Foodborne illness (also foodborne disease and colloquially referred to as food poisoning) is any illness resulting from the consumption of contaminated food, pathogenic bacteria, viruses, or parasites that contaminate food, as well as chemical or natural toxins such as poisonous mushrooms.
Symptoms vary depending on the cause, and are described below in this article. A few broad generalizations can be made, e.g.: The incubation period ranges from hours to days, depending on the cause and on how much was consumed. The incubation period tends to cause sufferers to not associate the symptoms with the item consumed, and so to cause sufferers to attribute the symptoms to stomach flu for example. Symptoms often include vomiting, fever, and aches, and may include diarrhea. Bouts of vomiting can be repeated, with an extended delay in between, because even if infected food was eliminated from the stomach in the first bout, microbes (if applicable) can have passed through the stomach into the intestine, attached to the cells lining the intestinal walls, and begun to multiply there. Some types of microbes stay in the intestine, some produce a toxin that is absorbed into the bloodstream, and some can directly invade deeper body tissues.
Food is any substance consumed to provide nutritional support for the body. It is usually of plant or animal origin, and contains essential nutrients, such as carbohydrates, fats, proteins, vitamins, or minerals. The substance is ingested by an organism and assimilated by the organism's cells in an effort to produce energy, maintain life, or stimulate growth.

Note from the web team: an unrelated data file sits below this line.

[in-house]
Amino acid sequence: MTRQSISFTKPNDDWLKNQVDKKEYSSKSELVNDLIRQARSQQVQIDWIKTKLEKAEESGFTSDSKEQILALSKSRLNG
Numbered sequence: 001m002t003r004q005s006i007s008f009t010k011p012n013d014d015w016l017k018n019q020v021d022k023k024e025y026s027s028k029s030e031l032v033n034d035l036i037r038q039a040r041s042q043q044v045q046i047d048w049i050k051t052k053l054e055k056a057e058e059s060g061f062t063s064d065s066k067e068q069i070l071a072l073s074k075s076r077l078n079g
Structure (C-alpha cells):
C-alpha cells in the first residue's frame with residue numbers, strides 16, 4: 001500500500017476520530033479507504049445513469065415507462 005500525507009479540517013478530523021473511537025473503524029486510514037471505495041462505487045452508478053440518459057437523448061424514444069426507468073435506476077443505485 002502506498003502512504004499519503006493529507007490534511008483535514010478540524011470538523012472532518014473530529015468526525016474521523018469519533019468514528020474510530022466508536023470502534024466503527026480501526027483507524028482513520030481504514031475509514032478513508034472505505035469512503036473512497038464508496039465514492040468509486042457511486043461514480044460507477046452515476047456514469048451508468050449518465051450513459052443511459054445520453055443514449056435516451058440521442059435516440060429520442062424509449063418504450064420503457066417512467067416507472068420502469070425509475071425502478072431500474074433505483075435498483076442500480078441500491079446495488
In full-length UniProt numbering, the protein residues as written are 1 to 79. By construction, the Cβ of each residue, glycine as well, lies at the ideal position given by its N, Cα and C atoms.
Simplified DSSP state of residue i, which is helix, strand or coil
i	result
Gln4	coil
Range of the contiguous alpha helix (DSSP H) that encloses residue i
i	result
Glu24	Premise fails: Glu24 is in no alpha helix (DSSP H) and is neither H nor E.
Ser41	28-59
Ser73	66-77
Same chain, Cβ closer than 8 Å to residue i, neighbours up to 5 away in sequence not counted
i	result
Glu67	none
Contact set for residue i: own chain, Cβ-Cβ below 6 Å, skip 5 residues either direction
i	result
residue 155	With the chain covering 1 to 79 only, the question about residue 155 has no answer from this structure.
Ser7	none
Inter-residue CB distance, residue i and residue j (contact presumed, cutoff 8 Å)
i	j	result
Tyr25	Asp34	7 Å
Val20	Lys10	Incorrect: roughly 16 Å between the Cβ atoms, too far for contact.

Historically, people secured food through two methods: hunting and gathering, and agriculture. Today, most of the food energy consumed by the world population is supplied by the food industry.
Italian cuisine has developed through centuries of social and political changes, with roots as far back as the 4th century BCE. Italian cuisine in itself takes heavy influences, including Etruscan, ancient Greek, ancient Roman, Byzantine, and Jewish.
Significant changes occurred with the discovery of the New World and the introduction of potatoes, tomatoes, bell peppers and maize, now central to the cuisine but not introduced in quantity until the 18th century. Italian cuisine is noted for its regional diversity, abundance of difference in taste, and is known to be one of the most popular in the world, with influences abroad.
Toasted ravioli, or breaded deep-fried ravioli, is an appetizer created and popularized in St. Louis, Missouri. Toasted ravioli can be found on the menus of many St. Louis restaurants including those of The Hill, a predominantly Italian neighborhood.
Hospitality is the relationship between the guest and the host, or the act or practice of being hospitable. This includes the reception and entertainment of guests, visitors, or strangers.
In journalism, a human interest story is a feature story that discusses a person or people in an emotional way. It presents people and their problems, concerns, or achievements in a way that brings about interest, sympathy or motivation in the reader or viewer.
Human interest stories may be "the story behind the story" about an event, organization, or otherwise faceless historical happening, such as about the life of an individual soldier during wartime, an interview with a survivor of a natural disaster, a random act of kindness or profile of someone known for a career achievement.